Today, we support 41 child amputees across two main locations in Liberia. Having gained a deep understanding of the complex issues child amputees face due to the traumatic personal experience of the Hope family, we have developed a project that responds to the medical, educational and psychosocial needs of child amputees.
Our project aims to deliver our five main objectives:
- Access to mobility
- Access to education
- Access to counselling
- Building sustainable futures
- Fighting against stigma
- Access to mobility: we provide access to prosthetics or other mobility devices (crutches, wheelchairs), surgeries and aftercare to ensure comfortable use. We are committed to providing medical support to each individual child until it stops growing.
- Access to education: we support the integration of child amputees into schools, by paying for school fees and associated costs (books, uniforms) for one year, before enrolling families in the Family Business Scheme. We ensure admission in suitable institutions, from nursery school to university level. Additionally, some students are enrolled in skills training courses, ranging from IT studies to vocational training as electricians and tailors.
- Access to counselling: the social work component recognises that each of the beneficiaries is likely to face individual barriers in their homes, in their education, and in combatting their disabilities with some having struggled considerably due to stigma or trauma. We provide individual, family and group counselling.
- Building sustainable futures – the Family Business Scheme: to ensure that sustainable educational support for the child can be secured in the future, we address the underlying issue of gross poverty that characterises most child amputees’ homes. The programme consists of business mentoring and training to develop an individually tailored business plan. The families then access micro-grants and savings schemes, which sees the family use the income to grow their business and save the profits.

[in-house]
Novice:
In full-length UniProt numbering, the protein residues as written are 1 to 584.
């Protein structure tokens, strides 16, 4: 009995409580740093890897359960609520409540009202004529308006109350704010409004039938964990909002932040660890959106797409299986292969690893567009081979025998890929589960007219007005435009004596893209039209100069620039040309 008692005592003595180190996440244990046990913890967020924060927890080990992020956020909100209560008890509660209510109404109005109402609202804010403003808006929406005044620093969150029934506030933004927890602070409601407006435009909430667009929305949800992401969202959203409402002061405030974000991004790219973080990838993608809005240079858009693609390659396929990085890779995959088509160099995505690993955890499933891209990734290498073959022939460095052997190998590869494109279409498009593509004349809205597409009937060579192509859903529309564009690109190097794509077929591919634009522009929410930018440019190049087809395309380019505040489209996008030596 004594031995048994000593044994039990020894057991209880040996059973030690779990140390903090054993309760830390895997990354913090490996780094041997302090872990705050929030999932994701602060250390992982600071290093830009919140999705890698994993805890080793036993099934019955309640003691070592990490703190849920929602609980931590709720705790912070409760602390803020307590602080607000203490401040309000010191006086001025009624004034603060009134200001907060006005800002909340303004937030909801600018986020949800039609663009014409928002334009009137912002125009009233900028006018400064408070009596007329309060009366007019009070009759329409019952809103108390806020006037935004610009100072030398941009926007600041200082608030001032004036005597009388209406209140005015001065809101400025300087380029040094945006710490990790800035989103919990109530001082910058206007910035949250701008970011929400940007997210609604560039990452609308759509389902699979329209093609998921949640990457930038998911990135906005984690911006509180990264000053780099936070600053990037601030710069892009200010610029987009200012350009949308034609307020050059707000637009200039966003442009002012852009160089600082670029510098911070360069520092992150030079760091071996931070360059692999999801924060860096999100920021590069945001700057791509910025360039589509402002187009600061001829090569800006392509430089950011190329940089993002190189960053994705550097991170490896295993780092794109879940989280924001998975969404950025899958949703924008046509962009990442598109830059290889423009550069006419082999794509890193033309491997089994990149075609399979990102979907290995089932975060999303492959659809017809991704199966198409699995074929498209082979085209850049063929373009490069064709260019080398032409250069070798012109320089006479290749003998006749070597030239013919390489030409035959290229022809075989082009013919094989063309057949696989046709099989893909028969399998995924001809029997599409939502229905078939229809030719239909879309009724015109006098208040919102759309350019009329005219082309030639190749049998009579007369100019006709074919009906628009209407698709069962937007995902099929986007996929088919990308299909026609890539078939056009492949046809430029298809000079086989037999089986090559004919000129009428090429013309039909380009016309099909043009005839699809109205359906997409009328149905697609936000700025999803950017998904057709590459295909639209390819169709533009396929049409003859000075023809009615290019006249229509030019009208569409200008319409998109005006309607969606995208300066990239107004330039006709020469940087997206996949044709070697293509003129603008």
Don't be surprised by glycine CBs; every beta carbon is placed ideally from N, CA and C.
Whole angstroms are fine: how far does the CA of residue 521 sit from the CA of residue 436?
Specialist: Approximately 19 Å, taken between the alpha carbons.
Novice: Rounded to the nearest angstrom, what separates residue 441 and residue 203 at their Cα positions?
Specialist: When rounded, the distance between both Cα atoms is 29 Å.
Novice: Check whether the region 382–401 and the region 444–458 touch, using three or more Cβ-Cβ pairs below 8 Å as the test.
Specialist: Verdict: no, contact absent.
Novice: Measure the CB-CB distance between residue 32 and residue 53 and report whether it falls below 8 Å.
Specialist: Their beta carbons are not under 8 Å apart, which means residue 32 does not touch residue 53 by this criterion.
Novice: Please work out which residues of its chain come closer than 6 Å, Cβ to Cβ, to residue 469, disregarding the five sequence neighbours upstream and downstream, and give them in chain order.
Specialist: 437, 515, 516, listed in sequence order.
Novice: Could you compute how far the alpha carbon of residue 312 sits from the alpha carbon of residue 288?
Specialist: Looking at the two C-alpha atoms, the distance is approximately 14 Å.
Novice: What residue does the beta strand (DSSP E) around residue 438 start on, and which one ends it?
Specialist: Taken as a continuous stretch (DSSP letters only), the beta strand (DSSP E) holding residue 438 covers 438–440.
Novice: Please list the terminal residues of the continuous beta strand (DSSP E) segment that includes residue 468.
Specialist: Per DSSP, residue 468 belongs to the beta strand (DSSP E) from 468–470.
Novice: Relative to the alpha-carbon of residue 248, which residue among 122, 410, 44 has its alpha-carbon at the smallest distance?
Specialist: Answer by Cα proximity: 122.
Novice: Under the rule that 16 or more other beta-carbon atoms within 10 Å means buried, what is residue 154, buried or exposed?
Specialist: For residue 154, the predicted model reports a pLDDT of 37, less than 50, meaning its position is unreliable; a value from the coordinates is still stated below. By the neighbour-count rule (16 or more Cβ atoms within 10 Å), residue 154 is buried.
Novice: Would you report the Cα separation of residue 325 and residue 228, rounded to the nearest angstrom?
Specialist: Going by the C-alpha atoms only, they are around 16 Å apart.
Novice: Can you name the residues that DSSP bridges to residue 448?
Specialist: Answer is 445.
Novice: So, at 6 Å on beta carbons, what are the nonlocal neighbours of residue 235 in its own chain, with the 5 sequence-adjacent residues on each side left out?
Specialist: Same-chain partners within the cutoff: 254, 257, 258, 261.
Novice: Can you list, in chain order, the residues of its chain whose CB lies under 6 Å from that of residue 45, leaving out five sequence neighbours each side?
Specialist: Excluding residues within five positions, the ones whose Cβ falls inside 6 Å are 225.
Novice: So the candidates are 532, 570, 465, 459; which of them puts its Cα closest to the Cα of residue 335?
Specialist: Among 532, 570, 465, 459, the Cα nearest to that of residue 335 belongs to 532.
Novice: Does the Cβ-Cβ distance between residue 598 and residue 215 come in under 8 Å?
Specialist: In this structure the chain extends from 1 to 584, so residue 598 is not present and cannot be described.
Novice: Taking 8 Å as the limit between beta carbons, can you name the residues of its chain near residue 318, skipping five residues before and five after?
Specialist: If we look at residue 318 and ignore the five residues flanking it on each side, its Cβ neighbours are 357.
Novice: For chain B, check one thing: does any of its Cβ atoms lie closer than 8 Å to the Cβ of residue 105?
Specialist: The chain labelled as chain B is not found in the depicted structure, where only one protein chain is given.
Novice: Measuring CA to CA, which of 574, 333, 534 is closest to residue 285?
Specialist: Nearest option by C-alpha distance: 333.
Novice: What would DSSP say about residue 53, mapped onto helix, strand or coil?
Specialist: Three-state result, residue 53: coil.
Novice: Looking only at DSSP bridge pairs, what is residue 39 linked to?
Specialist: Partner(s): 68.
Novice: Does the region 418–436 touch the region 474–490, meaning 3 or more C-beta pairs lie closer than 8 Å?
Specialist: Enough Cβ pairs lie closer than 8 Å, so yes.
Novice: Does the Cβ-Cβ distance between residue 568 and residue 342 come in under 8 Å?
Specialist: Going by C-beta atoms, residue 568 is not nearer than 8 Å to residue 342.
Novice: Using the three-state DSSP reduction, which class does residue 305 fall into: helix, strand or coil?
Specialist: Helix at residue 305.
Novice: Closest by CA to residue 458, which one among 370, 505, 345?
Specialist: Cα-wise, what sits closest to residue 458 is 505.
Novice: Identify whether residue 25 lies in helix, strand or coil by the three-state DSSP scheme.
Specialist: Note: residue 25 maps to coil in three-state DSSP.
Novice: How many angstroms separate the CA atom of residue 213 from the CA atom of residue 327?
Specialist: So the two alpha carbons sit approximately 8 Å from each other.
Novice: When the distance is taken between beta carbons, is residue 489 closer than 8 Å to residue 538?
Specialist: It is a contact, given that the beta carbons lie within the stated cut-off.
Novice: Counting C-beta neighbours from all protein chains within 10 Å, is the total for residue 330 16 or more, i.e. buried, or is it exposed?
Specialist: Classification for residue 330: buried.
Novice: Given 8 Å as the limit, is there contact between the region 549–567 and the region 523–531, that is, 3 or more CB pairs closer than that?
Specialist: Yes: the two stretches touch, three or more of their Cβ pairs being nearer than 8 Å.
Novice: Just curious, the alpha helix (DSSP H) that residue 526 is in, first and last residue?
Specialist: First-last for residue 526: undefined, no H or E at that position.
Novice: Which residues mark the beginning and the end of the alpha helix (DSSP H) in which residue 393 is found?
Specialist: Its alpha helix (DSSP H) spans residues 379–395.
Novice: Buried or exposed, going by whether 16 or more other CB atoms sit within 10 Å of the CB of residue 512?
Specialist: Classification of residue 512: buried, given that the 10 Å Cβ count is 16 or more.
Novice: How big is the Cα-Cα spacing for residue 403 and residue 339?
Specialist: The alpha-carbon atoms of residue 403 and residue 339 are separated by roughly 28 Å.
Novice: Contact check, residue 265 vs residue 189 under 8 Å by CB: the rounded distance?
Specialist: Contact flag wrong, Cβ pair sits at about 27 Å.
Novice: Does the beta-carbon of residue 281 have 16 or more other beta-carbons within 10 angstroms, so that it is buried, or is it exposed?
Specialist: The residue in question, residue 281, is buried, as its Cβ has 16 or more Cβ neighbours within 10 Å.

- Fighting against stigma: Cultural stigmas are part of the reason why child amputees are at a greater risk than the average child in Liberia of not receiving an education. We therefore engage with communities and the broader public through radio programmes and stakeholder meetings to educate the public about the rights of the disabled and discourage discrimination.
Who? In April 2014, the project began with an initial 41 child amputee beneficiaries.
Where? In Liberia we work across two main locations, Monrovia, the capital of Liberia, and Buchanan, as well as a few remote locations where individual beneficiaries live.
What? Responding to the medical, educational and psychosocial needs of child amputees
Our partner organisation? To help us implement this project, ELoH works with Street Child. Street Child is a UK-registered charity, established in 2008, that aims to create educational opportunities for some of the most vulnerable children in West Africa.
Why is our work important?
Liberia is among the 15 least developed countries in the world according to the Human Development Index and continues to struggle with its post-war recovery. There exists no accurate data on the number of child amputees. The fact that there is no reliable information available is a clear sign of how sadly neglected child amputees’ problems are: there is only limited statutory support available for those suffering from amputation.
A 1997 survey sponsored by UNICEF found that more than 16% of the Liberian population lives with a disability, the majority of those being physically disabled. Today, it is estimated that these numbers have grown due to the country’s civil war.
Despite this, there is no organisation in Liberia working particularly with child amputees. However, an assessment carried out by ELoH and Street Child in June 2012 identified that there was substantial need to address this issue, as child amputees are currently among the most marginalised in a society struggling with endemic poverty. They often end up in orphanages or on the streets, where they are at a great risk of violence and exploitation.
Special thanks goes to the Making a Difference Committee at Accenture and all those who sponsored Victoria and Sarah running the London Marathon both of which provided substantial funding to get this project off the ground.